On this day in 1861, the Civil War begins when Confederates fire on Fort Sumter in Charleston Harbor in South Carolina.
One or the other
Prior to that, on June 16, 1858, then U.S. Senate candidate Abraham Lincoln uttered these famous words:
“A house divided against itself cannot stand.”
I believe this government cannot endure, permanently half slave and half free.
I do not expect the Union to be dissolved — I do not expect the house to fall — but I do expect it will cease to be divided.
It will become all one thing or all the other.”
In 1860, the majority of the slave states were threatening secession. Then, when Lincoln was elected President, South Carolina immediately initiated secession proceedings.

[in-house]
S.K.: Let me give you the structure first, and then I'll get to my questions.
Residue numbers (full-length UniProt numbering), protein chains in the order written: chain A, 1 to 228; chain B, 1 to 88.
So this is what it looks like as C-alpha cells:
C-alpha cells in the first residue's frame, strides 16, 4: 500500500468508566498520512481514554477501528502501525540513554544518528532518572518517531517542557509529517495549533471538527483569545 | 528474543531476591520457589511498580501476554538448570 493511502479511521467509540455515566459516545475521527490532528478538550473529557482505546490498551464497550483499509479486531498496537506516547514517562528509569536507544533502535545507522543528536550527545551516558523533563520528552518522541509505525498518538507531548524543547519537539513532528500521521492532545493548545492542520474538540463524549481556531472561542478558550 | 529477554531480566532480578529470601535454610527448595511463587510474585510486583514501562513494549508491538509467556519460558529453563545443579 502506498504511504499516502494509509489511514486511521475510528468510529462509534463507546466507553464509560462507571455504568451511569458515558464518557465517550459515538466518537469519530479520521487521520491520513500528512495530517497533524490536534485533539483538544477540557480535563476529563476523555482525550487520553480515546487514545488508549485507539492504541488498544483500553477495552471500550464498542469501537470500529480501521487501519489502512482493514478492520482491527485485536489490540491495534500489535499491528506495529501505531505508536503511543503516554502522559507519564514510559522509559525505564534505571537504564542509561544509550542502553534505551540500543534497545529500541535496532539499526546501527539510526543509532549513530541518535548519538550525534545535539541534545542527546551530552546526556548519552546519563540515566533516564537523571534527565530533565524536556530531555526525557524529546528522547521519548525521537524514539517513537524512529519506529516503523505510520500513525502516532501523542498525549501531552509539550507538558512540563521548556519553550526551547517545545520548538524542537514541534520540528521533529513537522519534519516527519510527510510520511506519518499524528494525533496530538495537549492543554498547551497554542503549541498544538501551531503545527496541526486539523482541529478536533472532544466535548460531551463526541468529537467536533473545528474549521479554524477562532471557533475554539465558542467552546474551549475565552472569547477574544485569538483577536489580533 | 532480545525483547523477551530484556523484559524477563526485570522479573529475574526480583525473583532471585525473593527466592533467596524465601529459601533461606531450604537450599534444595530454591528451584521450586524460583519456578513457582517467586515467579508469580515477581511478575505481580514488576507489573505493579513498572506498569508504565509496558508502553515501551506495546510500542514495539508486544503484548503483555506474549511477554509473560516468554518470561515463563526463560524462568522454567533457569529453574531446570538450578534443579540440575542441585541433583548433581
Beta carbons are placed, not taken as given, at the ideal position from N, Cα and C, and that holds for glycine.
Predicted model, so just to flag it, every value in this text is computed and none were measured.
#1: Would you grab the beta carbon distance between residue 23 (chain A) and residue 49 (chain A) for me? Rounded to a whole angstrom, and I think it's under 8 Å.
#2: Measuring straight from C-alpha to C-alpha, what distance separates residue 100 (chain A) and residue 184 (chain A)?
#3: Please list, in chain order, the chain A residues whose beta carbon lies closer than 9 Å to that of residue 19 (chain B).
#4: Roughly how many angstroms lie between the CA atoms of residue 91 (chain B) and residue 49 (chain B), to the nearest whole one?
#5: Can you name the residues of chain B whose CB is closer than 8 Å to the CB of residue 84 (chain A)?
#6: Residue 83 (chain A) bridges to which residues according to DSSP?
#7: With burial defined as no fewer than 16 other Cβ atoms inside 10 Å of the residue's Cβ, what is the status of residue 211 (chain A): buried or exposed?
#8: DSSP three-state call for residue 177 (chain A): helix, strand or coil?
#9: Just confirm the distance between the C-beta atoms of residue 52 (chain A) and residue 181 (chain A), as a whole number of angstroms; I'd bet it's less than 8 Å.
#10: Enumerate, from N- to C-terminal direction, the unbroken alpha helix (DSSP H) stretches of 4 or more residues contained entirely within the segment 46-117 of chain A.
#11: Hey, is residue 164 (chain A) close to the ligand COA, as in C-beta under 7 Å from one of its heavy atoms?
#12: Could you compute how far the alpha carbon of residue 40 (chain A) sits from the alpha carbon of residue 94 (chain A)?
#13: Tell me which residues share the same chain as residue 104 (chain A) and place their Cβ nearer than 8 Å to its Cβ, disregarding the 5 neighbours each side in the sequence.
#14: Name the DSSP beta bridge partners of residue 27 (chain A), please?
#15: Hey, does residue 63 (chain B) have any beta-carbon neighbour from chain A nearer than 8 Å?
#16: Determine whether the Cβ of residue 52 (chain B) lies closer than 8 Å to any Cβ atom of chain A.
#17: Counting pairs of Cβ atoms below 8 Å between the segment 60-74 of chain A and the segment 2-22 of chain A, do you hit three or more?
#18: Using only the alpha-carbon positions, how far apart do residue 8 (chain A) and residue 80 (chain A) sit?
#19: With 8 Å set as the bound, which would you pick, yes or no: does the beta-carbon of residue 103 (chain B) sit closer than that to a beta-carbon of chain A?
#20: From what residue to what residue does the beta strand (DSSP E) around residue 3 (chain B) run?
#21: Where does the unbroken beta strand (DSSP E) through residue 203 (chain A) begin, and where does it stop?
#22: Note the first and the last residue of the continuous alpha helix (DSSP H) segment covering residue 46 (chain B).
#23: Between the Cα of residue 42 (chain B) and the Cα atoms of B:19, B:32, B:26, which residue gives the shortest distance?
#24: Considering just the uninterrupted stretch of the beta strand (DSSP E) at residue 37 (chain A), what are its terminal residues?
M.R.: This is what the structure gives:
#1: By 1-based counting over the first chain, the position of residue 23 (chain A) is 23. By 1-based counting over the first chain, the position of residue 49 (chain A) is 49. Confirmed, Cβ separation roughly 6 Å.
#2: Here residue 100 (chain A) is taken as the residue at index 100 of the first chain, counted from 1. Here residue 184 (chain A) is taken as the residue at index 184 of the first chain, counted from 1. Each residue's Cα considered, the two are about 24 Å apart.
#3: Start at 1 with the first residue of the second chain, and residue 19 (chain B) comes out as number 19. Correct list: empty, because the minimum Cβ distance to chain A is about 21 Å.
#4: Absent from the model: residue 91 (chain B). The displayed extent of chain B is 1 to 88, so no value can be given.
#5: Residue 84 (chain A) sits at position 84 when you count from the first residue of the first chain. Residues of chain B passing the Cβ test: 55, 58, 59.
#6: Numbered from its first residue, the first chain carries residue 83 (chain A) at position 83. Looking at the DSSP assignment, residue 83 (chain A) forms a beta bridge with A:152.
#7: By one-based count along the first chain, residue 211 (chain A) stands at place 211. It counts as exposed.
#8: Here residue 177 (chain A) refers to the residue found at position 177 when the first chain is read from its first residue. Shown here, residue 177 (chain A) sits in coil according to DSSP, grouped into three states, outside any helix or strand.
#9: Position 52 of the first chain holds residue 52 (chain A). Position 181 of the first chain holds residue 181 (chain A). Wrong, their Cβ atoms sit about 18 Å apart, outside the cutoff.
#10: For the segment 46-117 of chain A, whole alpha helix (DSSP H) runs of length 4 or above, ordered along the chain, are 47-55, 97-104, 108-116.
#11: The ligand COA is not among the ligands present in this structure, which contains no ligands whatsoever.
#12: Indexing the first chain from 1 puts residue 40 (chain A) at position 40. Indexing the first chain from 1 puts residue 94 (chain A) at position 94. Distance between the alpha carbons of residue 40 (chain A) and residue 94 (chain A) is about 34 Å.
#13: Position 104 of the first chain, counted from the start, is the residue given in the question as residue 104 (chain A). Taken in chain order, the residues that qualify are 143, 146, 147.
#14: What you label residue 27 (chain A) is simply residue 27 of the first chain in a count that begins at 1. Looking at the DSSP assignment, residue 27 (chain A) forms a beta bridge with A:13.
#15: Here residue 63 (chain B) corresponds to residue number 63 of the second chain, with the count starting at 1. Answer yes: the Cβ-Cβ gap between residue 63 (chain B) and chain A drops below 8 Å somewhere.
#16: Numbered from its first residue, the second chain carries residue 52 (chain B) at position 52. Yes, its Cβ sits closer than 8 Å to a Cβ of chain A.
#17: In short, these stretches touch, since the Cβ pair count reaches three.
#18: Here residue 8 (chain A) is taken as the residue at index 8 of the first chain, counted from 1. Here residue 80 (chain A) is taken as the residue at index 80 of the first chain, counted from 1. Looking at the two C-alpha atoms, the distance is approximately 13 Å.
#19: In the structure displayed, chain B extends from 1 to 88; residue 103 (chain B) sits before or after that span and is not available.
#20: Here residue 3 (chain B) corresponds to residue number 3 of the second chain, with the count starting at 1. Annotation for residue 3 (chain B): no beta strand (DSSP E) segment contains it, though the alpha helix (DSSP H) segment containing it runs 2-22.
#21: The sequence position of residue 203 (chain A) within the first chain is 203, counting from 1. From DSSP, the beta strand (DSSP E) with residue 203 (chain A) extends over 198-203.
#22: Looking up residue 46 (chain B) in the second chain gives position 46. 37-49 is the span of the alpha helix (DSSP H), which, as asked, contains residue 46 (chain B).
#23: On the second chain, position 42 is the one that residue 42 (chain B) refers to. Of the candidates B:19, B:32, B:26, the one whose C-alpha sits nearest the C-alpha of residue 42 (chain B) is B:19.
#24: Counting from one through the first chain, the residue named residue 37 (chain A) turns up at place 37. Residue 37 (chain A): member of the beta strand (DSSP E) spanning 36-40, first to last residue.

Prior to Lincoln’s inauguration, March 4, 1861, South Carolina, Mississippi, Florida, Alabama, Georgia, Louisiana, Texas had seceded from the Union.
Finally, four years after the attack on Fort Sumter, the Union defeated the Confederacy with the staggering total of 620,000 Union and Confederate soldiers dead.
The concept of “a house divided against itself” is widely known as a statement from Jesus in reference to casting out evil. Matthew, Mark, and Luke recorded it in their gospels. That Abraham Lincoln saw fit to use it regarding slavery makes it that much more powerful.
Abraham Lincoln’s clearly appreciated the Bible, and his about “this great book” inspired one of our first t-shirts: